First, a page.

• Review the Chef Ann Foundation's "What You Need to Know about School Lunch" for a big-picture view of how school food works.
  • Coordinate a tour of the school kitchen and talk to cafeteria staff. Consider asking them to join the Eco-Action Team.
  • Learn about your school district's wellness policy. The Center for Ecoliteracy has a Model Wellness Policy Guide.

  • When possible, replace processed foods with fresh.
  • When possible, look into providing organic food.
  • Investigate the possibility of connecting with area farms and incorporating local food into your cafeteria. The Farm to School Network is a great resource.
  • Learn about ways to redesign a school meal program.

  • Petition for vending machines to be stocked with healthier options.
  • Instead of fundraisers selling candy or other junk food, choose healthy alternatives.
  • Reduce or eliminate junk-food marketing on the school campus.

  • Arrange a tour of a local farmer’s market and talk to the vendors.
  • Visit a local farm and ask the farmers to talk about what they produce and their role in the community.
  • Bring in local foods and have a taste test with students. Check out this helpful "Guide to Taste Testing Local Foods in Schools" from Vermont FEED.

  • Students should be integral in all parts of the process: planting, maintenance, harvesting, and distribution.
  • Utilize an integrated pest-management system.
  • Find out if and how the harvest can be used in school lunches.
  • Check out the Edible Schoolyard Project for ideas and inspiration.

  • Use organic, locally grown foods in your recipes.
  • Create dishes using fruits, vegetables, grains and other foods that may be new to students.
  • Give students an opportunity to lead some of the cooking classes.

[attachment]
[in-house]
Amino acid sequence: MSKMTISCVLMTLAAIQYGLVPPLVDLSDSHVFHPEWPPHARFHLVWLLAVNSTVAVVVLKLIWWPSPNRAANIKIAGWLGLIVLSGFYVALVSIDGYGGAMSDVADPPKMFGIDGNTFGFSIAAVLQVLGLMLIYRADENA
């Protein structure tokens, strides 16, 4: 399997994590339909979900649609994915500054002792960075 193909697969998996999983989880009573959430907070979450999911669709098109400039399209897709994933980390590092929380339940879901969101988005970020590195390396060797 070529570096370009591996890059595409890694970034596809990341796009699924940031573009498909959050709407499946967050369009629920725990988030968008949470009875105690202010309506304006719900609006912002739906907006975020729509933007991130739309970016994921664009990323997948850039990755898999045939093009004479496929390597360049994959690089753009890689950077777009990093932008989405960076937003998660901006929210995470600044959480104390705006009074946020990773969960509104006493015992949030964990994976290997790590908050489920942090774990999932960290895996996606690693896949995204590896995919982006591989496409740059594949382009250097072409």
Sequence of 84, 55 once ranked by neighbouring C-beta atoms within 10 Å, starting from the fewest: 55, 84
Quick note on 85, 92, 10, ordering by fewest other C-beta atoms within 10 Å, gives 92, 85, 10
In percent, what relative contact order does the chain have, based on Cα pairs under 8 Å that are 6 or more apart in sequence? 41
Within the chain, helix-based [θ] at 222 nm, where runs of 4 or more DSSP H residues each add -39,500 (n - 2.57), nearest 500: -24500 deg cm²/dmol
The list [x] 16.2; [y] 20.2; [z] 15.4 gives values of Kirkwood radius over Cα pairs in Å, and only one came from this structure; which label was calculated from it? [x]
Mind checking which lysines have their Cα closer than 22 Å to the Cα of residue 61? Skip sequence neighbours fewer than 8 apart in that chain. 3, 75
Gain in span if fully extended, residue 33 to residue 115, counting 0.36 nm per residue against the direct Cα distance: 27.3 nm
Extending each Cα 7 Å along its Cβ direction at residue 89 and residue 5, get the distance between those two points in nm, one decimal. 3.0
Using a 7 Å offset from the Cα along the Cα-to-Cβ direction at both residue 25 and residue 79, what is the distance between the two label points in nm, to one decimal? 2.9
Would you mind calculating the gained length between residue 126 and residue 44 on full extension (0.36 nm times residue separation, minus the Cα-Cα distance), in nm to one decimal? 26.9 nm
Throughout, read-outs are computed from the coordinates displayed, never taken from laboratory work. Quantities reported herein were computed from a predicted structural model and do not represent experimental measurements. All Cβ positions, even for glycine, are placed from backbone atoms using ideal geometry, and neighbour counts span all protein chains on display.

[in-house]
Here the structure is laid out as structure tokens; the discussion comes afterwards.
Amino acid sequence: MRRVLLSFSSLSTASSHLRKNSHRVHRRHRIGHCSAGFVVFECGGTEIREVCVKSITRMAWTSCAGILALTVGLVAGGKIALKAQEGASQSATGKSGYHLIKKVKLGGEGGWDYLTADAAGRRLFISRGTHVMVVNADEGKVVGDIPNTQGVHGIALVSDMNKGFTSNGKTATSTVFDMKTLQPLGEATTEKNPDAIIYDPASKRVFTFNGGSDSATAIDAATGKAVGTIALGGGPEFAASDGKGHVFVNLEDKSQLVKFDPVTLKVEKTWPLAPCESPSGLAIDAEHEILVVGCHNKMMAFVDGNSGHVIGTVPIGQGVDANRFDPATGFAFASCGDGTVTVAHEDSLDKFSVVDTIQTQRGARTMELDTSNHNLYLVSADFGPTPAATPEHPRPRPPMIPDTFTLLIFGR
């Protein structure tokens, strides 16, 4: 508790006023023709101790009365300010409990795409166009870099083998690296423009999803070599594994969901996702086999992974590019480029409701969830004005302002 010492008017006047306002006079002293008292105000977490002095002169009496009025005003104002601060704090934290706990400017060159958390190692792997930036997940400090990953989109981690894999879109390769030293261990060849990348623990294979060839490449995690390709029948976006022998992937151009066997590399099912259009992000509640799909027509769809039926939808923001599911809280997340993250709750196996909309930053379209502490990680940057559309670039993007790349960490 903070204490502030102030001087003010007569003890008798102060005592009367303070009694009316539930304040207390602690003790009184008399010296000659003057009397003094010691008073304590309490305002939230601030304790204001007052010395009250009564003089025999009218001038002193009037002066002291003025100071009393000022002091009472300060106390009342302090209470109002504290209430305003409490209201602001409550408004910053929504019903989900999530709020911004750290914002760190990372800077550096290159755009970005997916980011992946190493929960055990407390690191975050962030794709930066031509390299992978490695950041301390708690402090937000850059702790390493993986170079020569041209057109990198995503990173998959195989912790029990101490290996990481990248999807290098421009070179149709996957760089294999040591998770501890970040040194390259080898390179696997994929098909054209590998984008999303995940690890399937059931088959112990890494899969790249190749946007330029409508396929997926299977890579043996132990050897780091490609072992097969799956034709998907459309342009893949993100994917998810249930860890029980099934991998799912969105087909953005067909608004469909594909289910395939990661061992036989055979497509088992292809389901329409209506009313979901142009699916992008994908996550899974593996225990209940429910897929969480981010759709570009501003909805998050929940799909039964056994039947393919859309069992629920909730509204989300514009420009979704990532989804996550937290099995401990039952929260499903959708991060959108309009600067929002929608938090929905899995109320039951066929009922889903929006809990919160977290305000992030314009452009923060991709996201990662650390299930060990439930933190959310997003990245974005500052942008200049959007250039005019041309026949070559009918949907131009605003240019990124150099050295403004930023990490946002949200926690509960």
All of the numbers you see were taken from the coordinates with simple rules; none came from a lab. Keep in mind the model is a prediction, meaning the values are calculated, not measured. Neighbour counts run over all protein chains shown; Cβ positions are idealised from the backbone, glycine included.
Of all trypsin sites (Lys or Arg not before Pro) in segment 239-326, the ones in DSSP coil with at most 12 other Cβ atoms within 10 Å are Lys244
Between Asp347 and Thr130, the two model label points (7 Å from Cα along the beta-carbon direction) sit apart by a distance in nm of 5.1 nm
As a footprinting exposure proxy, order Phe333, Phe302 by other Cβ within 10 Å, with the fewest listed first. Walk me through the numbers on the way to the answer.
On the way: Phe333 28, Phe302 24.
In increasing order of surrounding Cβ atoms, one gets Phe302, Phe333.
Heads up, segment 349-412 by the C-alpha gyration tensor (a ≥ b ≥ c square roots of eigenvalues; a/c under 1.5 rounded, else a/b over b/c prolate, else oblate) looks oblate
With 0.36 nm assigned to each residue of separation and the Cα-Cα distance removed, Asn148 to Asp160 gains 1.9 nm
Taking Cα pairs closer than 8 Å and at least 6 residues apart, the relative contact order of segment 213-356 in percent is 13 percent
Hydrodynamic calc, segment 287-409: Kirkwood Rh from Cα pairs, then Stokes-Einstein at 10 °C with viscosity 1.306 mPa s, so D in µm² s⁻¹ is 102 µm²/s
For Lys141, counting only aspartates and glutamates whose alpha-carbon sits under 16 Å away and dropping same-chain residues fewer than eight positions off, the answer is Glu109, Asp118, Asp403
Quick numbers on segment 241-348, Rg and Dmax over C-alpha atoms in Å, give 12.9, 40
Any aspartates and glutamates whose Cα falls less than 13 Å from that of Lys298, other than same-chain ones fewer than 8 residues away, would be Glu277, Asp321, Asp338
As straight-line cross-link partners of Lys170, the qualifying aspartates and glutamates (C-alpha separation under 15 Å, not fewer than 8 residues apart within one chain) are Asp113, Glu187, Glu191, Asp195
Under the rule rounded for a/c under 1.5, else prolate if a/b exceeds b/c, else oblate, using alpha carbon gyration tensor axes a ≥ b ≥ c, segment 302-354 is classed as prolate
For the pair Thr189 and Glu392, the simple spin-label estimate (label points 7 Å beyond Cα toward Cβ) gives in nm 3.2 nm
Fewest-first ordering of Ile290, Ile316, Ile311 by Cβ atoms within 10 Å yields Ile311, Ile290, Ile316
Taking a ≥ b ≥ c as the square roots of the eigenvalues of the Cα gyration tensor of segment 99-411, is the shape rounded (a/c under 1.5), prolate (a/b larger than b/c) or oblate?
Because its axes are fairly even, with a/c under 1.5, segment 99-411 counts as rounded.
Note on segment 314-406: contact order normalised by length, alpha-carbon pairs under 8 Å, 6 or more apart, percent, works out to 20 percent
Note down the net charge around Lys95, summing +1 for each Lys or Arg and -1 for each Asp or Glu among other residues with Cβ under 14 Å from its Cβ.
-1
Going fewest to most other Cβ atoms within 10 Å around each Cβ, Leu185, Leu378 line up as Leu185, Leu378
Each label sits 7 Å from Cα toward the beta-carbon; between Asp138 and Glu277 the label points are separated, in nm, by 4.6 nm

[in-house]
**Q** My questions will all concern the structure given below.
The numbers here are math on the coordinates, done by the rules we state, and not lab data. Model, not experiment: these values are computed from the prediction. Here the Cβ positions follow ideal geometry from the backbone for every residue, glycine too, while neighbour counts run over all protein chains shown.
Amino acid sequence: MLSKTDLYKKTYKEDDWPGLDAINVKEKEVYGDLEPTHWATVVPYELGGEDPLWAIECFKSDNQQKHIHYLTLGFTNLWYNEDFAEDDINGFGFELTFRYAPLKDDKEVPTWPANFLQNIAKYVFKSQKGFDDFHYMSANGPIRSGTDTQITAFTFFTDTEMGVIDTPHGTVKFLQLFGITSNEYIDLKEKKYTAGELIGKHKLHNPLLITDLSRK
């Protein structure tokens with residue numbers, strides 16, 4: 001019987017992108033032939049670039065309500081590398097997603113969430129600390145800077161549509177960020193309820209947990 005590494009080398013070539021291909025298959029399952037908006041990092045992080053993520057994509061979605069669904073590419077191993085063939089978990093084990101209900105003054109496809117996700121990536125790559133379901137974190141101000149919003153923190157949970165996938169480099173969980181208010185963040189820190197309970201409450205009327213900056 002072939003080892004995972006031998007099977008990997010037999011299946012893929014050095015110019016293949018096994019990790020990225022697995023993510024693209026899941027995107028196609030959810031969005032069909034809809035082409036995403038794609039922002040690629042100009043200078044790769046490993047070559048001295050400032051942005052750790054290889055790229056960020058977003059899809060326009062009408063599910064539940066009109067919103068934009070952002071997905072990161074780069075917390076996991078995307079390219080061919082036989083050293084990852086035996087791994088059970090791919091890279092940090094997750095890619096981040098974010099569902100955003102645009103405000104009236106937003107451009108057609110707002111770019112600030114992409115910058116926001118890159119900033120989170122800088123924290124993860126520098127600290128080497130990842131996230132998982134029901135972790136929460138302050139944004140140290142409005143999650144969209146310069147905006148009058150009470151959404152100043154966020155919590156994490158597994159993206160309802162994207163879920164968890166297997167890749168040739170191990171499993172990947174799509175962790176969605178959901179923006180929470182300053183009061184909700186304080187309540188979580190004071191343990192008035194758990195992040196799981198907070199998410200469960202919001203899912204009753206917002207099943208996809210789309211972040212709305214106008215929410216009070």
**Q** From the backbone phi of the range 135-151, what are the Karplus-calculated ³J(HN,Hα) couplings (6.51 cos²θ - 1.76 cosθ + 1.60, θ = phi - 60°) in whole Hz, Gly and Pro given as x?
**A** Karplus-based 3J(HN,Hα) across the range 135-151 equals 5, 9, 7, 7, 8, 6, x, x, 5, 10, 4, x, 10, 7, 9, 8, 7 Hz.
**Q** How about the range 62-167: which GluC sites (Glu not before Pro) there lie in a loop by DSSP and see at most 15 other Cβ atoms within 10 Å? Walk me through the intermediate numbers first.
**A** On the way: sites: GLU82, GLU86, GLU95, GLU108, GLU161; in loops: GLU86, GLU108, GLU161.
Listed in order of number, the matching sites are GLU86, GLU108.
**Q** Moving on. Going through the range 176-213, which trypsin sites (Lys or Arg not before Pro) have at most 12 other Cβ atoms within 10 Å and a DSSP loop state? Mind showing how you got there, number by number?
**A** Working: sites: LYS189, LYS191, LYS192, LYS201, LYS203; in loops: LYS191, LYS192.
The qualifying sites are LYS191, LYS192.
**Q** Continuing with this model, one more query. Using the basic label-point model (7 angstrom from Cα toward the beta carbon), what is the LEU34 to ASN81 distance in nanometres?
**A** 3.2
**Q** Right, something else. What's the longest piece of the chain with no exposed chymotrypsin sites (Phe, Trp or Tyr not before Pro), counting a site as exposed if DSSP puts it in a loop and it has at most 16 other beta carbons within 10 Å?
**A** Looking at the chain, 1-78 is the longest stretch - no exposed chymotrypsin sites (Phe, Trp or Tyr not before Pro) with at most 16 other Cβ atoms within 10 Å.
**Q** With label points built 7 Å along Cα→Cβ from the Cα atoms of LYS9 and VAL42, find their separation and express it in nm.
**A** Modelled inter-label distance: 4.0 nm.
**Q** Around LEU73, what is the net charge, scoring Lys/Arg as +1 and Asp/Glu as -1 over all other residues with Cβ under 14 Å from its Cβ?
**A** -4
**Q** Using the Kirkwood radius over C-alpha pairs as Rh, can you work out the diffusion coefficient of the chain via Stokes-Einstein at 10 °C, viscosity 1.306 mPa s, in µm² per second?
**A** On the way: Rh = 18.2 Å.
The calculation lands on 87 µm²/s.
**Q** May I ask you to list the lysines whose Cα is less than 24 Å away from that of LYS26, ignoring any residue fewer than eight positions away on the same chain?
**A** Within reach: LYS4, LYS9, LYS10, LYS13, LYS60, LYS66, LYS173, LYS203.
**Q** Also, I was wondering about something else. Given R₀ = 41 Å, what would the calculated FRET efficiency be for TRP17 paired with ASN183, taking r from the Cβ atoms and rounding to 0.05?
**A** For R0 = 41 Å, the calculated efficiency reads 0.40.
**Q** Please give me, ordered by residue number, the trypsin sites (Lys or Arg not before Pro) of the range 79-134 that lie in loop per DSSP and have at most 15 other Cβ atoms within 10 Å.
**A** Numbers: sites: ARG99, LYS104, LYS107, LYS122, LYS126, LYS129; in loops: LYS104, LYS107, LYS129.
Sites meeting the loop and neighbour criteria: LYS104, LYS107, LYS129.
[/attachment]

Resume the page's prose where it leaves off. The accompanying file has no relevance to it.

• Support the establishment of a farmer’s market in your community. Consider hosting it at your school.
  • Help set up a community garden. Or, if you have an edible garden on site, encourage members of the community to volunteer their time in the garden in exchange for produce.
  • Facilitate a system in which farmers market vendors can accept food stamps. If you have a school garden, consider making excess produce available to families in need.
  • Participate in local outreach events, creating displays, posters and fliers highlighting the benefits of healthy eating.

  • Discuss the use of pesticides and how they can impact our health and the environment.
  • Investigate relationships between agricultural practices, soil fertility, and soil erosion.
  • Discuss methods of food preservation.
  • Compare and contrast conventional techniques with those of sustainable agriculture.
  • The Chesapeake Bay is heavily impacted by agricultural practices. Visit the Chesapeake Bay Foundation’s website to learn how the bay has been impacted and research similar issues in your community.

  • Ask someone from your Cooperative Extension Office to talk to students about local agriculture practices.
  • Reach out to a local health care provider or nutritionist who can talk about healthy eating.
  • Ask a farmer who runs an organically certified farm to share the organic farming process and how it differs from traditional farming practices.
  • Ask a chef who specializes in farm-to-table meal preparation to conduct a cooking presentation for the school community.

  • Have students research where the food they eat comes from. Highlight the connection between agriculture and global deforestation. The Rainforest Alliance is a good resource.
  • Learn about sustainable choices by playing the Cloud Institute for Sustainability Education’s "Fish Game."
  • Check out Vermont Feed: A Farm-to-School Project to find several lessons that highlight sustainable food practices.